Nationals find beauty in a 9-6-5 putout started by Bryce Harper in spring training
Monday, March 7, 2011
VIERA, FLA. - As soon as the ball was hit, headed for the gap in right-center field, Bo Porter moved to the top step of the Washington Nationals' dugout. This was it: a play that would validate all those February mornings on quiet practice fields running through drills - relays and cutoffs, relays and cutoffs - and Porter's eyes went first to the ball, bounding toward the fence, and then to the figure sprinting to chase it, Nationals phenom Bryce Harper.
It was a one-run game, the Nationals leading the New York Yankees in the eighth inning at Steinbrenner Field on Saturday afternoon in Tampa, and even though it was only an exhibition game, by the time the play was over - with a base runner nailed on a bang-bang play at third base after a relay throw from the shortstop, 9 to 6 to 5 in your scorebooks - Porter would be clear out of the Nationals' dugout, on the grass in foul territory, pumping his fist as the ball went around the horn.
Wins are nice, even in spring training (and the play in question helped secure one), but for a baseball lifer with Porter's job description - third base coach and outfield coordinator - nothing, at least this time of year, compares with seeing a relay play work to perfection.
There is unparalleled beauty in a 9-6-5 putout, if you know what to look for.
"You can actually see the preparation manifesting itself in the game," Porter said. "That's what gets you excited."
As it turned out, Porter would have more excitement on Sunday, as the Nationals pulled off an 8-4-2 putout - center fielder Nyjer Morgan to second baseman Danny Espinosa to catcher Wilson Ramos - to nail Atlanta Braves right fielder Jason Heyward at the plate as he tried to score from first on a double into the gap during the Nationals' 5-0 loss.
For every team in any league, a ball in the gap, or down the foul lines, sets in motion a complex choreography that is equal parts standard formula and improvisation. The pieces move in a specific way, with little if any variance from team to team, but any subtle alteration - a bad bounce, an off-line throw, a particularly fast runner - can add a new element to the play that forces new calculations and actions.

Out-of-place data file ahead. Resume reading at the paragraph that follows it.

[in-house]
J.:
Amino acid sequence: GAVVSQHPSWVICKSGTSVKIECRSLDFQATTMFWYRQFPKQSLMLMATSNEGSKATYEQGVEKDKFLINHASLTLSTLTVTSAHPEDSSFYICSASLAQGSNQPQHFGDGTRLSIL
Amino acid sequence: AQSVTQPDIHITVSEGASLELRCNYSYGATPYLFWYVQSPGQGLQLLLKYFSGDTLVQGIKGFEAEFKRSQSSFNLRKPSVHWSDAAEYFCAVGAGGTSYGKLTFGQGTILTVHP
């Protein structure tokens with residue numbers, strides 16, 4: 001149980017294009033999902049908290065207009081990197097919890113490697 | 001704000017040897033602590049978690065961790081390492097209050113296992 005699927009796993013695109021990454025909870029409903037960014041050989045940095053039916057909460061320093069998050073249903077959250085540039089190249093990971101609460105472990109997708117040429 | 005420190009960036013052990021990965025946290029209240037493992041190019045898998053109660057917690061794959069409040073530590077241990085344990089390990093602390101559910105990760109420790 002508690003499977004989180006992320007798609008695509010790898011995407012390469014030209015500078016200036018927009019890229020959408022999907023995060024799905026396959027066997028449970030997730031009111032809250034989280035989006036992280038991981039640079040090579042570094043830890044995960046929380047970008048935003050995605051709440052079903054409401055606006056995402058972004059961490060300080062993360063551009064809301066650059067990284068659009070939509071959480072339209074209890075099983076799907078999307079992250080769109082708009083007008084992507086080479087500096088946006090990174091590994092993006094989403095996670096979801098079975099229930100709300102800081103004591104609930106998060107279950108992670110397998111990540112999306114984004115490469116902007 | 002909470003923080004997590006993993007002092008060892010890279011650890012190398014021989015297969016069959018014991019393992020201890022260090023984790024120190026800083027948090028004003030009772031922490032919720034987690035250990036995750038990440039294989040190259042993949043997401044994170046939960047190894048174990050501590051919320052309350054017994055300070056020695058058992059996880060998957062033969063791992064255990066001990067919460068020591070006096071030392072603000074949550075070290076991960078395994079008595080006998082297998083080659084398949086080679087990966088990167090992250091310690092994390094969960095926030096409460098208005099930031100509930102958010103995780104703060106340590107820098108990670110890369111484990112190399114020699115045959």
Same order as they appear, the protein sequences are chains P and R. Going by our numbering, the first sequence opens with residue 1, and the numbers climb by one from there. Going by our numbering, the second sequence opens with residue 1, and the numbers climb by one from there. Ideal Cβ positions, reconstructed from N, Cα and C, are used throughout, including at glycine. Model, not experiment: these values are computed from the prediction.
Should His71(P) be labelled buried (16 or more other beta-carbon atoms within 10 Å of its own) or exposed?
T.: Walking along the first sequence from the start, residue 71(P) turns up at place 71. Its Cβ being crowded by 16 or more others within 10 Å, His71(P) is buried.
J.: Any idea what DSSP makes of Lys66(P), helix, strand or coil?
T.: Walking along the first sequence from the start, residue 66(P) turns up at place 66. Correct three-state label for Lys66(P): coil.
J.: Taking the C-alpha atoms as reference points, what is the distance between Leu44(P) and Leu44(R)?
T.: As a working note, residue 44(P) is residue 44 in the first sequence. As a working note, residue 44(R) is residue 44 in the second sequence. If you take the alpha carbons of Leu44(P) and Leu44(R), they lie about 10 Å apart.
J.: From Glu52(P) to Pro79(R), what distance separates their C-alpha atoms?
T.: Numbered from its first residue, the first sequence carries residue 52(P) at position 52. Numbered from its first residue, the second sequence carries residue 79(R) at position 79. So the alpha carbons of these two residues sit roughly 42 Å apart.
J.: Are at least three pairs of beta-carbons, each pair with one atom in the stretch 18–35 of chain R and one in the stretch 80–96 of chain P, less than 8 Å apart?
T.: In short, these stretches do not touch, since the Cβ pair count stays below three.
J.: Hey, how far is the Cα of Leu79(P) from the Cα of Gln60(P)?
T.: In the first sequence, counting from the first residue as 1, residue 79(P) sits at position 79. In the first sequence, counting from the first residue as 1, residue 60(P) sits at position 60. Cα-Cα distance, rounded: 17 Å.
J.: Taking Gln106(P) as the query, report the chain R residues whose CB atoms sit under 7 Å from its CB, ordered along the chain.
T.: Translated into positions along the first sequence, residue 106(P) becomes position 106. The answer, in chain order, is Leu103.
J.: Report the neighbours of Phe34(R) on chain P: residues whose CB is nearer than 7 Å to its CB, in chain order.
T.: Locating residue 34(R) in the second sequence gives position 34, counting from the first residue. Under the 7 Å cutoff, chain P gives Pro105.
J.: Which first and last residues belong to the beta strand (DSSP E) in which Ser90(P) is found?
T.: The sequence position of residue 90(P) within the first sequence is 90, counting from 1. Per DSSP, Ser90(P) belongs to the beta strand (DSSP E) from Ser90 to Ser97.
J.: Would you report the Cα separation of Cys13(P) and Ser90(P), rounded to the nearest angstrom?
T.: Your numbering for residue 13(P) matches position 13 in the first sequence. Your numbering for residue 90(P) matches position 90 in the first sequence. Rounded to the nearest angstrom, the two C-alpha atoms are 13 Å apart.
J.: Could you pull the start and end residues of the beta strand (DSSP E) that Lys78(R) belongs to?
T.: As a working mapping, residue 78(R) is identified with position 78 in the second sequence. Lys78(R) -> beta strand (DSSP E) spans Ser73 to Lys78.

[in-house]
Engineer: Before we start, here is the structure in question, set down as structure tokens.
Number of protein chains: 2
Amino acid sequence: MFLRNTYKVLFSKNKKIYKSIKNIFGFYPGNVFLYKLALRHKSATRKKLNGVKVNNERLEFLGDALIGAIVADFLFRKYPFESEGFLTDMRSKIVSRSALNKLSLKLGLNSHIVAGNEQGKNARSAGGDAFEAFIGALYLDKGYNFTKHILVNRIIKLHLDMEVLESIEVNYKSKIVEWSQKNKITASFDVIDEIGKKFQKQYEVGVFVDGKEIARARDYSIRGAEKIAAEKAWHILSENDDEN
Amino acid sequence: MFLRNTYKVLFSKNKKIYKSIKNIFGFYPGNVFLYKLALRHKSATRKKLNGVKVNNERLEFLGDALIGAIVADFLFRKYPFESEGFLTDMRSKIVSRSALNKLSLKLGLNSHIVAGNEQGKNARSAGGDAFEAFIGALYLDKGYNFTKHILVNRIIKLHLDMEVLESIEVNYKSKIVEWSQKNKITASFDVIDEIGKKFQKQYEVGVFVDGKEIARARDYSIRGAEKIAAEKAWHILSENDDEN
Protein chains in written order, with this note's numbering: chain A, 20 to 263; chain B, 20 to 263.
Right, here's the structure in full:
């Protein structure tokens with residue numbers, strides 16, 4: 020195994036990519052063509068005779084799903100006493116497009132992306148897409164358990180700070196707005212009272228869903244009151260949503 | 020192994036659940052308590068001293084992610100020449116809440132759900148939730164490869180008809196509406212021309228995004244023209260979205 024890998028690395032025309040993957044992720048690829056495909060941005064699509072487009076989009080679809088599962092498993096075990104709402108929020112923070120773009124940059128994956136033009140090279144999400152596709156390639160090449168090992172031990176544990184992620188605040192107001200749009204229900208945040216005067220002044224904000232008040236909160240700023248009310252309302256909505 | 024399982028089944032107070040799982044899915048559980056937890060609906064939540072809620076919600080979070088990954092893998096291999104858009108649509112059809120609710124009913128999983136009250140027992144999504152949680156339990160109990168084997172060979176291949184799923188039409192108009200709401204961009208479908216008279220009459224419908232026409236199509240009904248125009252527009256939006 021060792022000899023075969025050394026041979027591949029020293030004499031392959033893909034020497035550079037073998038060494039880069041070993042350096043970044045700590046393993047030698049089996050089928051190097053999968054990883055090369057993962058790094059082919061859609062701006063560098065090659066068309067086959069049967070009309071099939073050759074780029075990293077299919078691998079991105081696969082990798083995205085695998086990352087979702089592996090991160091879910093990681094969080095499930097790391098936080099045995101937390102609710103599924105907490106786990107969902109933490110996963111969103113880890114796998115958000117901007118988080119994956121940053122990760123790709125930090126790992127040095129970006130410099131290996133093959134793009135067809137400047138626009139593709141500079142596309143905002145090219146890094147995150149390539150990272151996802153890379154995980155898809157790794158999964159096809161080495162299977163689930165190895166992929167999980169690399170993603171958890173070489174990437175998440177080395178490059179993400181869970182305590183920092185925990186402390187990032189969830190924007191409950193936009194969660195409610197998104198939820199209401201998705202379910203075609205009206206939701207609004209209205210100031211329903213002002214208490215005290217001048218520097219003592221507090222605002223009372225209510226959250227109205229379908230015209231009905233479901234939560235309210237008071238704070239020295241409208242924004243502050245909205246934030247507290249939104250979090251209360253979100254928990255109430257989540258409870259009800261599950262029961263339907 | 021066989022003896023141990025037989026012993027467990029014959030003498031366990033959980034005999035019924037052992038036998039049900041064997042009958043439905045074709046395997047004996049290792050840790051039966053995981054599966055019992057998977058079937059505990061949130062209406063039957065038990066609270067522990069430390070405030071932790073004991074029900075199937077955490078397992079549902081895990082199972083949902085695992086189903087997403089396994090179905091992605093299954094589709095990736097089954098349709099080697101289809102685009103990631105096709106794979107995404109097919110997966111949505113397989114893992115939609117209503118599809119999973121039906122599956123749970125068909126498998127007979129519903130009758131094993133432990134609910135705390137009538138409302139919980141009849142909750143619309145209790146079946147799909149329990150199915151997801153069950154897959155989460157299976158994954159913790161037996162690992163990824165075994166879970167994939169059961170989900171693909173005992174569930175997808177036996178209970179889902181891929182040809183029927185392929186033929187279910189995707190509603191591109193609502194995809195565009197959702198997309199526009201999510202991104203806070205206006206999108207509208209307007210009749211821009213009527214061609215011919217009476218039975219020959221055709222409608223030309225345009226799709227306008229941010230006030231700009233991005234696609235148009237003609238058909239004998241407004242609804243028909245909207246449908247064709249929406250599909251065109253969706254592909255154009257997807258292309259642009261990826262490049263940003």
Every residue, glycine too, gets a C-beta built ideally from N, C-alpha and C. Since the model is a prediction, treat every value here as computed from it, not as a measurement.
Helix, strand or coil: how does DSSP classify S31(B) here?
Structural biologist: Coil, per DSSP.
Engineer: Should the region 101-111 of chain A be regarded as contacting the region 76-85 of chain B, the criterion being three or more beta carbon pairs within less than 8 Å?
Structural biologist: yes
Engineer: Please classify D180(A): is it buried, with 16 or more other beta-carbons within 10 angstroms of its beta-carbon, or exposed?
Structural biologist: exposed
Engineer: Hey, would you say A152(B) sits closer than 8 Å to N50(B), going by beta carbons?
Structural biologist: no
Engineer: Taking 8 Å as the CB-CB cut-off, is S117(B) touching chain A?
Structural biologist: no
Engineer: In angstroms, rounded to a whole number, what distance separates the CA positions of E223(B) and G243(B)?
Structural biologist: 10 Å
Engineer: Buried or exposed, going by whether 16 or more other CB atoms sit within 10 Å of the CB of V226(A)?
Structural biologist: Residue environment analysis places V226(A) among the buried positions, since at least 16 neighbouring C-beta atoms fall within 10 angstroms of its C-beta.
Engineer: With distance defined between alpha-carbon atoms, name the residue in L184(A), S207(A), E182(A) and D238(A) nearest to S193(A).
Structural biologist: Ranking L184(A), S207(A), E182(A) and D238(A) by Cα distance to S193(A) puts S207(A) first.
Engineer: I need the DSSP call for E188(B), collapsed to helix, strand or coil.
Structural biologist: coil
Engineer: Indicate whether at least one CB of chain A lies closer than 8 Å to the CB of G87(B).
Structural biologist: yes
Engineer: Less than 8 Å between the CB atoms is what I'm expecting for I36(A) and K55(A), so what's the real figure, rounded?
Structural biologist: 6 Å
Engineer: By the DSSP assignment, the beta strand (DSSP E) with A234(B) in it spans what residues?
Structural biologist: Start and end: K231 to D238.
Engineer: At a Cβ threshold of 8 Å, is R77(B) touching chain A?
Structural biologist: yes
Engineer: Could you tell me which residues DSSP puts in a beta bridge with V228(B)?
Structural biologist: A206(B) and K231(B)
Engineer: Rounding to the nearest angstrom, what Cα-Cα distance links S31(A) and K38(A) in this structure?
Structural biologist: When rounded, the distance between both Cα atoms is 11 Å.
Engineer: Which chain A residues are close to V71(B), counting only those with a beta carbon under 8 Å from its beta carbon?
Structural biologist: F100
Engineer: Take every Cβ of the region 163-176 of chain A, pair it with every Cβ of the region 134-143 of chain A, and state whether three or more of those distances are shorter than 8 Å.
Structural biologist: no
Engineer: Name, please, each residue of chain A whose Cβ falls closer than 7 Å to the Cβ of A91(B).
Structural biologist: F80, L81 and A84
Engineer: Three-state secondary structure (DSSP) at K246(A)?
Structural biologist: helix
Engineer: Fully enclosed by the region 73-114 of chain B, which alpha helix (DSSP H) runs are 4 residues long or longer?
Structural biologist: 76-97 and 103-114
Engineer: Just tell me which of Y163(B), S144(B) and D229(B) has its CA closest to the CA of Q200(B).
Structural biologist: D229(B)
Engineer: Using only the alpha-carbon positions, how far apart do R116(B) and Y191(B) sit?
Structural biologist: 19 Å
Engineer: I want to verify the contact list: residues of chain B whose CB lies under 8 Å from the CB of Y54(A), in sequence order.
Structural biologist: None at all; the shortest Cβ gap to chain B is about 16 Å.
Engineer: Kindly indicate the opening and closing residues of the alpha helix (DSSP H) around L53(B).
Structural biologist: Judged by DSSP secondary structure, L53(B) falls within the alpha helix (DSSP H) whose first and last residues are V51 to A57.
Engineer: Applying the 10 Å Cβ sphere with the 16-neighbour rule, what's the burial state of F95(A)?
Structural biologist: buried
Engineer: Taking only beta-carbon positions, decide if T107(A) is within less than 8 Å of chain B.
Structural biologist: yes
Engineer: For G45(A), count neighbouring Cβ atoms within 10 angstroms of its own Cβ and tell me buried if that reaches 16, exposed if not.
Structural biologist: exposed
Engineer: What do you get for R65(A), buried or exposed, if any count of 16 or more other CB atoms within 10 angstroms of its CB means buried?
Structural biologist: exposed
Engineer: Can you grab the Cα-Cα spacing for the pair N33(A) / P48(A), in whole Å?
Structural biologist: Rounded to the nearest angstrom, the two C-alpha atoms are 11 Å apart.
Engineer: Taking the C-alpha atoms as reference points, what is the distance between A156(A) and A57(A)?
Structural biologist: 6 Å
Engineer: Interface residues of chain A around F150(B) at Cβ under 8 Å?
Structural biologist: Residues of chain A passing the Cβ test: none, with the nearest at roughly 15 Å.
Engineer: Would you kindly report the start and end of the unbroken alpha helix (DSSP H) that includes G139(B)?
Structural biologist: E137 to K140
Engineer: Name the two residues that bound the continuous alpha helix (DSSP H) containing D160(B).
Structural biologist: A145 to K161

On the play in question, Saturday in Tampa, no outs, no one on base, the subtle alteration was a too-aggressive route to the ball - a hard-smash off the bat of Yankees catching prospect Austin Romine, against Nationals lefty Sean Burnett - by Harper, the 18-year-old prodigy who is still learning right field after spending most of his amateur career at catcher.
"I misjudged it," Harper said, "and it was too late to compensate. It was past me."
When he saw Harper had allowed the ball to get to the wall, Alex Cora, the veteran utility infielder playing shortstop for the Nationals, immediately began shouting, "Three! Three!" - in anticipation of a play at third.
And meantime, Harper dug hard to retrieve the ball at the wall and fire it toward the infield.
"The ball ends up basically beating [Harper] to the alley - which, as time goes on, he would take a little more depth in that route and cut the ball off," Porter said. "Instead, the ball ends up at the wall. But to his credit the energy and effort he showed in recovering and getting to the ball was what allowed the first part of that play to happen."